An offshore estate requires careful planning

By Staff Reporter Time of article published Mar 16, 2018

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With the relaxation of South Africa's foreign exchange controls and more investors seeking to diversify risk, many are creating offshore estates. People often don’t think about what the offshore probate formalities might be, what the death duties position might be, and what other effects the death of the investor will bring about.

This is according to David Knott, a fiduciary expert at Private Client Trust, a division of Private Client Holdings, who says that, in many instances, a South African will would be acceptable and recognised in a foreign jurisdiction, provided that it complies with the South African formalities.

“The local executor, once appointed, would need to appoint an agent in the foreign jurisdiction to deal with the foreign estate and effect a distribution to the heirs. A single worldwide will is workable in many instances where there are no forced heirship rules in place,” says Knott. “There are no such rules in the common offshore havens such as Jersey, Guernsey or Isle of Man.”

Due advice and caution must be taken where forced heirship rules apply, for example in Scotland or in many European countries. In France, the freedom to dispose of assets is restricted if the deceased is survived by either descendants or ascendants. Descendants are preferred over ascendants and, interestingly, a spouse is not regarded as a forced heir. If the deceased is survived by one child, that child must receive at least one-half of the estate. Where two children survive, they must share equally two-thirds of the estate, and if three or more children survive, they must share equally three-quarters of the estate."

However, according to Knott, whether or not there are forced heirs, obtaining the necessary local documents in a manner acceptable to the foreign probate office could take up some time - for example, translations may be required - and, for this reason, many would rather execute a separate will in the foreign jurisdiction.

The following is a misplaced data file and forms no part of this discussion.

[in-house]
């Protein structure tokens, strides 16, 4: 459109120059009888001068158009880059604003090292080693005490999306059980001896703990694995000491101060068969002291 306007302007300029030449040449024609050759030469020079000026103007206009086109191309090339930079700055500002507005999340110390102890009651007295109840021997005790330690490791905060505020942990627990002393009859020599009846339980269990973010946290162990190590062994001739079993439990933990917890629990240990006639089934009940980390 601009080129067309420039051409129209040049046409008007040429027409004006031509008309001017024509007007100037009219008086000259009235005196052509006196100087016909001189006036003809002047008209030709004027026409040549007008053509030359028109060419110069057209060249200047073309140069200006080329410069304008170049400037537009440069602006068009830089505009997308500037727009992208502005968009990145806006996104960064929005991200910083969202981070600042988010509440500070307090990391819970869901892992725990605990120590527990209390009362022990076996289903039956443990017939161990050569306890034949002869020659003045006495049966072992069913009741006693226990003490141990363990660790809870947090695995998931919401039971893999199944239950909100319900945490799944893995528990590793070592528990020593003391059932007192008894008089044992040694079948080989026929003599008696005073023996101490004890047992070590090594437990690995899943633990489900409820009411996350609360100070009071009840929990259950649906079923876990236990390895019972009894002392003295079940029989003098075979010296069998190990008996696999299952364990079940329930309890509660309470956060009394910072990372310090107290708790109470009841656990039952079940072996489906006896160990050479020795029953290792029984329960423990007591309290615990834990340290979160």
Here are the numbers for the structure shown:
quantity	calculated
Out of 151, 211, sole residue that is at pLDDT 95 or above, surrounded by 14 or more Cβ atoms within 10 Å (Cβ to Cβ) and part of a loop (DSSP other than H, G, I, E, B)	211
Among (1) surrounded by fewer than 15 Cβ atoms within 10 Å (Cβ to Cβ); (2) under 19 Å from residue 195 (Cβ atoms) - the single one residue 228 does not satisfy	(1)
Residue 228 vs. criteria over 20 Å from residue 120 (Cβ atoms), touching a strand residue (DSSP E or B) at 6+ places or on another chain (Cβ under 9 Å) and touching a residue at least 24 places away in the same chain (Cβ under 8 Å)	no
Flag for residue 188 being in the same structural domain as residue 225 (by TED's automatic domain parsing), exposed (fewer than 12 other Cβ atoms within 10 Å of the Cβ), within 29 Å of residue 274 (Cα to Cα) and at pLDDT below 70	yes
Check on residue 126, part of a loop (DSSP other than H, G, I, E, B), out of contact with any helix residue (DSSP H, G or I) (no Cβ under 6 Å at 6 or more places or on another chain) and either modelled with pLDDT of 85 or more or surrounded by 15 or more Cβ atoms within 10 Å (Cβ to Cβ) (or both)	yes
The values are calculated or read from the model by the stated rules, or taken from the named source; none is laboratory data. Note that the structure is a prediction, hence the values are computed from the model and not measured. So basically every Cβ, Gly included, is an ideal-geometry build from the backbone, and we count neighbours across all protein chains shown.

“One would need to identify an acceptable foreign executor to draft the offshore will to ensure that all necessary requirements are met. Care must also be taken that the local will and the foreign will do not revoke each other and it is clear which estates must be dealt with in terms of that particular will.”

Generally, your offshore estate would be liable for estate duty in South Africa and may also attract some death duties abroad, depending on the amount. South Africa has tax treaties with many countries to ensure that assets are not taxed twice, and the local tax authority would allow a credit here against any foreign tax paid in terms of the treaty.

“If you might have been born or lived in the foreign country where investments are held, the foreign tax authority might be keen to deem you still domiciled in that country and so claim death duties on your worldwide estate. Should this apply, it would be prudent for you to execute a declaration of domicile confirming when you gave up your domicile of birth and acquired a domicile of choice in South Africa, to avoid this argument later.”

Knott says that although fiduciary experts cannot be expected to know what the probate requirements are in every jurisdiction, it is extremely prudent to contract the services of such a specialist, who at least knows when to anticipate problems and also who one needs to consult with.

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